Recovering From Arthroscopic Repair Of A Torn ACL

Posted on: 23 May 2016

You felt your knee pop when you fell and you immediately had pain and swelling in your joint. A torn anterior cruciate ligament (ACL) is a common knee injury. The orthopedic surgeon will do arthroscopic surgery to repair the torn ligament, which is a much less invasive procedure than traditional knee surgery. You'll still be faced with several weeks of recovery to gain back the full use of your knee. Here is what you can expect immediately after the repair and during the weeks following.

The Day of Your Surgery

You'll have the arthroscopic repair done in an outpatient surgery clinic or in the orthopedic doctor's clinic. From start to finish, the procedure will take just a couple of hours. You'll spend time in the recovery area afterwards while the anesthetic wears off.

Before you're discharged to go home, the doctor or their staff will go over some instructions with you:

  • You'll be shown how to monitor the small bandages covering the two incisions on your knee for drainage and what constitutes an abnormal amount of drainage.
  • You'll be instructed as to how to walk using crutches and how much weight you can put on the knee.
  • You'll be given prescriptions for pain medication and instructions on how to manage the pain in your knee with them.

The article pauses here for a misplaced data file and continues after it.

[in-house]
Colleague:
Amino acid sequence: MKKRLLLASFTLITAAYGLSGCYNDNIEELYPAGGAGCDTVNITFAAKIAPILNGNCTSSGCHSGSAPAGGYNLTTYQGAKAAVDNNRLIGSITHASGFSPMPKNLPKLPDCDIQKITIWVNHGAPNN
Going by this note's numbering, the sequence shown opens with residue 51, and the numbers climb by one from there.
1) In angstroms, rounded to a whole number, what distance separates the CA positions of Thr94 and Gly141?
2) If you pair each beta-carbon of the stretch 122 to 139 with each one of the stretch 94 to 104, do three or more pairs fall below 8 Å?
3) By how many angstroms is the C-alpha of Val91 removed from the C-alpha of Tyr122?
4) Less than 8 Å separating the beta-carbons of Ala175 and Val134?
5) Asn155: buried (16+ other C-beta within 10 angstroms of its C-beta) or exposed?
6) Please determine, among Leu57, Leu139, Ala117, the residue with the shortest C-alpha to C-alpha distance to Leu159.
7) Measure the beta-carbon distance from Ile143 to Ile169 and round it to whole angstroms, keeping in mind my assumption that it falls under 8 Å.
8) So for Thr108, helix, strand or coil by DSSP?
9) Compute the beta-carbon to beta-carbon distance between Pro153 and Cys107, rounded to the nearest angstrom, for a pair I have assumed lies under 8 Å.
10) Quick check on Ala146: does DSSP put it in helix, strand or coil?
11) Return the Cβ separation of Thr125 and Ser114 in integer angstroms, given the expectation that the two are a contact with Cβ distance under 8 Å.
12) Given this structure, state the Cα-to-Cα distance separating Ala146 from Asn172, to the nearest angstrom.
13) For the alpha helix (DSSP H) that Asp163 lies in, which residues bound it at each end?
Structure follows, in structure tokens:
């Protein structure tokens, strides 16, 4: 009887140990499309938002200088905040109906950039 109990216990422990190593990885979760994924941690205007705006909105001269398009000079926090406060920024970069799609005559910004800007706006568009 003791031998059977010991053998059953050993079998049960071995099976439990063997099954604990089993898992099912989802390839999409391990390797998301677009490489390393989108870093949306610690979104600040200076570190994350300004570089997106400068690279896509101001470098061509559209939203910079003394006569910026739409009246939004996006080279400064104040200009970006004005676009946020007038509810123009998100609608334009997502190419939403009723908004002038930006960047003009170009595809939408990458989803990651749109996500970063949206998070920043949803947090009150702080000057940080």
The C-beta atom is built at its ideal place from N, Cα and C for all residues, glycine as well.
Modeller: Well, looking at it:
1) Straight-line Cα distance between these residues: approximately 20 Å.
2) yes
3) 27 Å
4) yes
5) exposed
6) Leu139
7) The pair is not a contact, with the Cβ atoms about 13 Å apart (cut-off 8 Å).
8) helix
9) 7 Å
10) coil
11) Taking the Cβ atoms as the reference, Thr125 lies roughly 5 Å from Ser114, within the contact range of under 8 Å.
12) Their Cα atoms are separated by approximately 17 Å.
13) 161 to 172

Finally, you'll be given a follow up appointment to see your surgeon in a few days.

Your First Few Days at Home

For a few days after surgery, you'll take it easy as the tissues in your knee heal. Ligaments heal much slower than other tissues, such as muscle. You'll be able to move around your house, but will need to avoid any activity that puts stress on your knee.

When you go in for your follow up appointment, the doctor will evaluate your progress. If they are satisfied with the rate of healing, they will have you begin the next phase of your recovery.

Physical Therapy

You will now spend several weeks doing physical therapy to regain the use of your knee. This will happen in two phases. The first phase restores normal motion in your knee joint and the second builds up the muscle strength. You will work with a physical therapist in their clinic and be given exercises to do at home.

Range of Motion

The physical therapist will first help you regain the movement of your knee in all of its normal directions. They will begin with passive range of motion exercises, where they move your leg and knee for you. As the muscles in your stiff knee begin to stretch out and relax, you'll begin doing active range of motion exercises. With these exercises, you'll move your own leg and knee. Once you've regained nearly normal movement in your knee, you'll move to the next phase of physical therapy.

Muscle Strengthening

Strong knee muscles not only help you move, but they protect the knee joint from injury. You'll work on resistance machines in the clinic and you'll be given exercises to do at home between sessions.

Each of these phases of physical therapy will take several weeks. It will be important to set a pace that allows you to slowly make progress without overworking your knee. Should you push yourself beyond what your knee is ready for, you'll risk re-injuring the knee and delaying your recovery time. A physical therapist, like one at Eastern Shore Physical Therapy, can answer any further questions you may have.